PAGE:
I had to rush away and masturbate after, but do you know it wasn’t that I enjoyed it. My nerves was so terribly jangled by it, I wasn’t right for days after.
In particular – and what makes me think Gaskell has not simply portrayed a stereotypically bitter, unloved gay character, but rather a young man deeply fucked up by confusion over his gendered place in the world – Rat enjoys watching Connor dominate women. His apparent jealousy of Connor’s (unwelcomed) attraction to Frijja (“I don’t want her to get him, that’s all. Why not? Because she don’t want him. Because she don’t deserve him. She don’t understand him”) may indicate he’s in deep self-denial about the queerness of his feelings for Connor, but I think it’s also about gender performance. Rat longs for the absolute, unquestioned masculinity he believes he sees in Connor whenever Connor interacts with – that is, threatens and degrades – women.
Connor is, let’s say, not the healthiest of role models – his habits include wanking over unsuspecting women sitting in front of him in cinemas – but the thought of Frijja influencing him with her entirely unsubmissive femininity fills Rat with horror. “‘You must save him from my cousin, Sweetness. She’s dangerous'”, he says, after Connor’s gang have physically manhandled Frijja into Connor’s room, Connor has repeatedly overridden Frijja’s clearly-expressed boundaries and wishes, and the door has been shut on the two of them with Connor wrenching her away from the window and threatening to handcuff her to the bed (altogether, a very well staged and deeply disturbing sequence). It’s not completely clear whether Connor rapes Frijja: he flatly denies it, ridiculing Frijja’s account of events to the extent that Frijja herself comes to doubt her own recollection, although this closely resembles a classic tactic of abuse and so cannot, I think, be taken at face value. Rat, for his part, is surprised by the denial, and his description of his reaction is revealing: “I don’t know am I disappointed. Or more magnetised than before.” He was excited by the idea that Connor might have raped Frijja, because he longs for Frijja to be reminded of her proper place; she is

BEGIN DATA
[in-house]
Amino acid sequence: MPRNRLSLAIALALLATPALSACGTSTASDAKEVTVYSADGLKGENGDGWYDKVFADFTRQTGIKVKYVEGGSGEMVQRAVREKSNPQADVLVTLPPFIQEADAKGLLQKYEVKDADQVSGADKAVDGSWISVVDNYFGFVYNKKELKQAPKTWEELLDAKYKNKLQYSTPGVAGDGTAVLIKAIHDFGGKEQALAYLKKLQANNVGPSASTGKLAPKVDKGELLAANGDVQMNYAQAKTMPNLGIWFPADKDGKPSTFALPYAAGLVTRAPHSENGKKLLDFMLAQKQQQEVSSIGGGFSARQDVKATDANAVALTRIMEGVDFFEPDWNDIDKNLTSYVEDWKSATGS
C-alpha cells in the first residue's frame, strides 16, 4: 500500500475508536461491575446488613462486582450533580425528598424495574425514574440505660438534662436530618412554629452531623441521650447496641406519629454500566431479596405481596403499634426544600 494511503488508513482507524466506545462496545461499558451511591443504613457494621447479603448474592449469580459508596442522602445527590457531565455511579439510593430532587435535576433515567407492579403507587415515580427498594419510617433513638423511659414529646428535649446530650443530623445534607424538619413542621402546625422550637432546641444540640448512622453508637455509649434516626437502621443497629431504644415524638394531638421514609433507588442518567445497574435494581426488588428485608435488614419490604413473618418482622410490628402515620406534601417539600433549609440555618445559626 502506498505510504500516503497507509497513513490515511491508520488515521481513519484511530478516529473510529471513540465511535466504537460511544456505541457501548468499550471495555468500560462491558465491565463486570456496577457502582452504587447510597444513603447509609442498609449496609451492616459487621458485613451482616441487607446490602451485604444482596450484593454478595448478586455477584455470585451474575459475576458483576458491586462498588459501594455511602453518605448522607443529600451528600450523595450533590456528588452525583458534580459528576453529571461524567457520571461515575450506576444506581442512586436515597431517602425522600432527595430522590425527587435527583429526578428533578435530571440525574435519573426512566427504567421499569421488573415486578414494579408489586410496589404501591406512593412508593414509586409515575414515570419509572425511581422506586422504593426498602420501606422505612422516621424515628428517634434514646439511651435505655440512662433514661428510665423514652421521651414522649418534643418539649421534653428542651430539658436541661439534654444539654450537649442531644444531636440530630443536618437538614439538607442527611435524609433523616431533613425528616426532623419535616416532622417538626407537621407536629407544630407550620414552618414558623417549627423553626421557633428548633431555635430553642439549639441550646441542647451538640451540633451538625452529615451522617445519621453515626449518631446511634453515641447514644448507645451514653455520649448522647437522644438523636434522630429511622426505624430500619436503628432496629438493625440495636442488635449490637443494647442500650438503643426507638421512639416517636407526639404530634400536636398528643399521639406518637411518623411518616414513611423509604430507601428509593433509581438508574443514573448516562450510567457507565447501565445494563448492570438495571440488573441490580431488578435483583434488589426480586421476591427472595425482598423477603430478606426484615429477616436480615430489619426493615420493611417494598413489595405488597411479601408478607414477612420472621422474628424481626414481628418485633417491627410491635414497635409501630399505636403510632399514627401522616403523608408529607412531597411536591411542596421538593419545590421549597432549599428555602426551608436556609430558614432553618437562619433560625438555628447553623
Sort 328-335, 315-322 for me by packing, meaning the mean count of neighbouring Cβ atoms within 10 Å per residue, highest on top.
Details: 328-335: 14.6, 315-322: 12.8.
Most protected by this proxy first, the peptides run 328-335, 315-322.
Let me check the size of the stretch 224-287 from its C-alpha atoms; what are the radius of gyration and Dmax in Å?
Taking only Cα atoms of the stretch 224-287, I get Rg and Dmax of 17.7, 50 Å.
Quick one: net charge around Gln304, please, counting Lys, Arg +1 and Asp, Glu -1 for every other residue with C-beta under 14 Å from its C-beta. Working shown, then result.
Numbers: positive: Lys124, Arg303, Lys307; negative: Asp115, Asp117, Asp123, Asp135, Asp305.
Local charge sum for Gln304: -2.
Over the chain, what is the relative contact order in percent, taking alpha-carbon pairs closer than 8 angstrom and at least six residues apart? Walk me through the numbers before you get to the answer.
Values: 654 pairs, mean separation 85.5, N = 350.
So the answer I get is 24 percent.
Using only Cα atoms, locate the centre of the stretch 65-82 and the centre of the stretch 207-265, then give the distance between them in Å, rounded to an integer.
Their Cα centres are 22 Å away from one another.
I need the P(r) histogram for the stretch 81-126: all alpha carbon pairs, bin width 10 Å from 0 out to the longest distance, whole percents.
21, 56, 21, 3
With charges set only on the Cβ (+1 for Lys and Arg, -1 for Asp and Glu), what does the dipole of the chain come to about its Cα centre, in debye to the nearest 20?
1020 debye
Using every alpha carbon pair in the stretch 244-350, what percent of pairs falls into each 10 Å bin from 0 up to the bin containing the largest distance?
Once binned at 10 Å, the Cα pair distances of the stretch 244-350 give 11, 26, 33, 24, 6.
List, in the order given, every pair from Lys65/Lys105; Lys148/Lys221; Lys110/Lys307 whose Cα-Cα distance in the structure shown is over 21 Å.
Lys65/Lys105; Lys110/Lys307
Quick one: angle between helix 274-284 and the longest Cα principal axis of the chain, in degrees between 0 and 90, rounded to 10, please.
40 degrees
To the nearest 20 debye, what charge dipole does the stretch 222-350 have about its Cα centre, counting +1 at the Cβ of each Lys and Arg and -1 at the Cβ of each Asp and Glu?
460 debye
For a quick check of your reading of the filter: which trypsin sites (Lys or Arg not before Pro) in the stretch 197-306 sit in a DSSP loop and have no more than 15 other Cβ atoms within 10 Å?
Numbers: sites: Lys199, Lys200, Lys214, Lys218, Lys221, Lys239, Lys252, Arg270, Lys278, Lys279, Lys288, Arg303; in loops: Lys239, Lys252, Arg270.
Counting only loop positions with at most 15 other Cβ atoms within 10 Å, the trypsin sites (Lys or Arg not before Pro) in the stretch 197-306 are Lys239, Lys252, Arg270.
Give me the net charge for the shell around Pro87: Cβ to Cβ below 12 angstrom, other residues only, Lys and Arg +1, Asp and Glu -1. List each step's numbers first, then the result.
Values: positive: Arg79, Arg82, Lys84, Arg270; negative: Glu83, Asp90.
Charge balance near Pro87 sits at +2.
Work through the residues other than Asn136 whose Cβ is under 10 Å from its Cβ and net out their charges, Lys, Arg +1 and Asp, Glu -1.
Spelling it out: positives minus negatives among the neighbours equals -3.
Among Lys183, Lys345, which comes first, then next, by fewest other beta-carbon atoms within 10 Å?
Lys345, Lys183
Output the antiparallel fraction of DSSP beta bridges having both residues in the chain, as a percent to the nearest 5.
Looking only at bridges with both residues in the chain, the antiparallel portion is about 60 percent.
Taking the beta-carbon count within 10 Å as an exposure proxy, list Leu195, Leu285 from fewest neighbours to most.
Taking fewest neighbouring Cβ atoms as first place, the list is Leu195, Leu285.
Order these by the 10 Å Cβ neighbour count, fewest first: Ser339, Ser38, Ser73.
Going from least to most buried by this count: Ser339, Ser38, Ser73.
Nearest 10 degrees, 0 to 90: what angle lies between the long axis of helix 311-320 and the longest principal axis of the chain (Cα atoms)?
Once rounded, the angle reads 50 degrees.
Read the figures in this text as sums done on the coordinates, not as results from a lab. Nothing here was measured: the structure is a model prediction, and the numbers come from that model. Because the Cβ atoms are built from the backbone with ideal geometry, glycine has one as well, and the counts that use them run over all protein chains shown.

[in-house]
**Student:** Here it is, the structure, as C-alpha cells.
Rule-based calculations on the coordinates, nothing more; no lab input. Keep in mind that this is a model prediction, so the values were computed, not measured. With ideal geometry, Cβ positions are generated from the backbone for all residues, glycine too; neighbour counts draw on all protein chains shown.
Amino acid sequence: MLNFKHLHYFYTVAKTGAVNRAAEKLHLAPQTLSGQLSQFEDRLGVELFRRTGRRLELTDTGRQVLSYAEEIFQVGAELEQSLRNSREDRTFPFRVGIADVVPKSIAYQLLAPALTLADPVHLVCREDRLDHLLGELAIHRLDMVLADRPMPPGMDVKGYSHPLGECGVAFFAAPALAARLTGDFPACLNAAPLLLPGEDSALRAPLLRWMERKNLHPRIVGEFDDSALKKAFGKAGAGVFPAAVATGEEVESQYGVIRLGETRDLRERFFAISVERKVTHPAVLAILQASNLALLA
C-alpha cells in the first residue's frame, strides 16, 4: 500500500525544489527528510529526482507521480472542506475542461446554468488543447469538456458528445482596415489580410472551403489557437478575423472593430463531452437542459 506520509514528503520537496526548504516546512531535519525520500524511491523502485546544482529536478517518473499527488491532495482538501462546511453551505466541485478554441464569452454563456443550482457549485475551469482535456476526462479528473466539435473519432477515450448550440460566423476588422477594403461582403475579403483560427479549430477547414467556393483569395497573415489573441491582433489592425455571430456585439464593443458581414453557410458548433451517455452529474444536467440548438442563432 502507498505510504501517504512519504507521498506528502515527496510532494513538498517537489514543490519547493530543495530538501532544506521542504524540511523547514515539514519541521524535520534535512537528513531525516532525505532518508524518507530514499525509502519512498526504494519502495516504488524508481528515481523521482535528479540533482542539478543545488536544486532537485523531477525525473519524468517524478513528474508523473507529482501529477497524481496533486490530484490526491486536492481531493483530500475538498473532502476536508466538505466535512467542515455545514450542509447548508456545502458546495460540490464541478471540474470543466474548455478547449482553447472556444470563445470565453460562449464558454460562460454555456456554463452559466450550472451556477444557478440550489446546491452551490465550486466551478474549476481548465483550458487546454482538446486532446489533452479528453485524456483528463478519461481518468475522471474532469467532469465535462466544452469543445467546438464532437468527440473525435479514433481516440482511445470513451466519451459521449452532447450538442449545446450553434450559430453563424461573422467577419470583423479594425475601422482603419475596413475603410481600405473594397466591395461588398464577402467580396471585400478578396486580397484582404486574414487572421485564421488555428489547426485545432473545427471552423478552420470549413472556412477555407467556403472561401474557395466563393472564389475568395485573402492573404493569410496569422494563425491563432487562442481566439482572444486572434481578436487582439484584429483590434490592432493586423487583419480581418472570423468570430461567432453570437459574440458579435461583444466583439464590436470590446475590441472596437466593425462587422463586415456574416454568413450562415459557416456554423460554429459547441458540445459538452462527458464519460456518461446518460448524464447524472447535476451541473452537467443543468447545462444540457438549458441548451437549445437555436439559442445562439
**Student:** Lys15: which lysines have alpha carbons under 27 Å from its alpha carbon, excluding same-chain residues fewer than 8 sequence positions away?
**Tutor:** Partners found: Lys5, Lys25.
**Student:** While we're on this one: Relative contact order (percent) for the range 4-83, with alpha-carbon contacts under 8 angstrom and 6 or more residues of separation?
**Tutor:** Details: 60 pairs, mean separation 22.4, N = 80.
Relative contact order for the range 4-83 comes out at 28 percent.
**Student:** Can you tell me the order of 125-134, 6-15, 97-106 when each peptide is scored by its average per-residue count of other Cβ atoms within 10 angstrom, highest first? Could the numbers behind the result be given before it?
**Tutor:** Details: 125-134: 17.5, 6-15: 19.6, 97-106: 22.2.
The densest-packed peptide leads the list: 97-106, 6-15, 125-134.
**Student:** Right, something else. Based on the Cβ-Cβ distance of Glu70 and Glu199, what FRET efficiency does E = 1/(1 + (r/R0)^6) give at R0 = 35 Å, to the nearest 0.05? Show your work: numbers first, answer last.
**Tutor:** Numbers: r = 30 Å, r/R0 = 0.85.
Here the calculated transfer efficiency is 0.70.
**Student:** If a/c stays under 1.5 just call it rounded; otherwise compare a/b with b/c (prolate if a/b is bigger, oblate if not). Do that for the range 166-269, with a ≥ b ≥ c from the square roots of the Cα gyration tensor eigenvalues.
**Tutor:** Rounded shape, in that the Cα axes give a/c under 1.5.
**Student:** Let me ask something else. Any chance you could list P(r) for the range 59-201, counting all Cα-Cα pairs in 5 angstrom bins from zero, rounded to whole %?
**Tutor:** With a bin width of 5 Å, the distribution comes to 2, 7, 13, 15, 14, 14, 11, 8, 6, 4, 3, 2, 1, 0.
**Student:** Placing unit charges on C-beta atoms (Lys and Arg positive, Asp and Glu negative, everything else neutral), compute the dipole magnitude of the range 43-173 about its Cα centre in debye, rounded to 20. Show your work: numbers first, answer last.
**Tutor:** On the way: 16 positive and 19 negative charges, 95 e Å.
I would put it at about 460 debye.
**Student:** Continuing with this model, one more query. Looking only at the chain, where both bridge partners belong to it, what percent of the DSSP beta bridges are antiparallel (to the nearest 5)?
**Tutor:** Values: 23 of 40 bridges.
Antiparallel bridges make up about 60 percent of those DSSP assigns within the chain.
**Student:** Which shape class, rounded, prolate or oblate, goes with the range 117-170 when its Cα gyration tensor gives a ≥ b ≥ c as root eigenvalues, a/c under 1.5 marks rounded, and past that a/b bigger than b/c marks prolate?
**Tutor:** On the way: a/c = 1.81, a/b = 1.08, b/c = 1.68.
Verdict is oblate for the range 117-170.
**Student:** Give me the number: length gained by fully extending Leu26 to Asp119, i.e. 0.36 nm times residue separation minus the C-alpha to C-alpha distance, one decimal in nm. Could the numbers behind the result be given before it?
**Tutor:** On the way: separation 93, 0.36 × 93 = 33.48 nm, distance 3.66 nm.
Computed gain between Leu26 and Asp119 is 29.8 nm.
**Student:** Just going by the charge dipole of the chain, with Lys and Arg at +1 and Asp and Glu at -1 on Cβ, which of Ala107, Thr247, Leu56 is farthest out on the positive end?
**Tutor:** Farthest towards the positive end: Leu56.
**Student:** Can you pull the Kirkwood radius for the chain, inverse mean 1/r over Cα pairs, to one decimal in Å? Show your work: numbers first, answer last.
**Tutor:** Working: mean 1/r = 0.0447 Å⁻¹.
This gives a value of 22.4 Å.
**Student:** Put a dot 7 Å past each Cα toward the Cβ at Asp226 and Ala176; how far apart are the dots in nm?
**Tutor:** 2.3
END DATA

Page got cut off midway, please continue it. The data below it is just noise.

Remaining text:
not like a proper girl who is fit for one thing and glad of it, her scorn of that function (and of me and you who she was made for and she won’t admit it and looks at you and me her masters with coldness)
Above all, he is worried that she outshines and emasculates both him and Connor, turning their own desire into a weapon against them and demonstrating at every step that power is not something inherent in men, accruing to them simply by virtue of their maleness: power is also something that can be seized, and can be lost. At any sign that Frijja might be defeated, Rat exults: “Now she would be ordinary. She would no longer be a trap of steel and diamonds. She would lose her height and her glitter, and be much less than ordinary.” He is an unbearable little shit, and also a fascinating, complex, pitiable figure; overall, this is an impressive piece of work.
This review originally appeared on Eve’s Alexandria.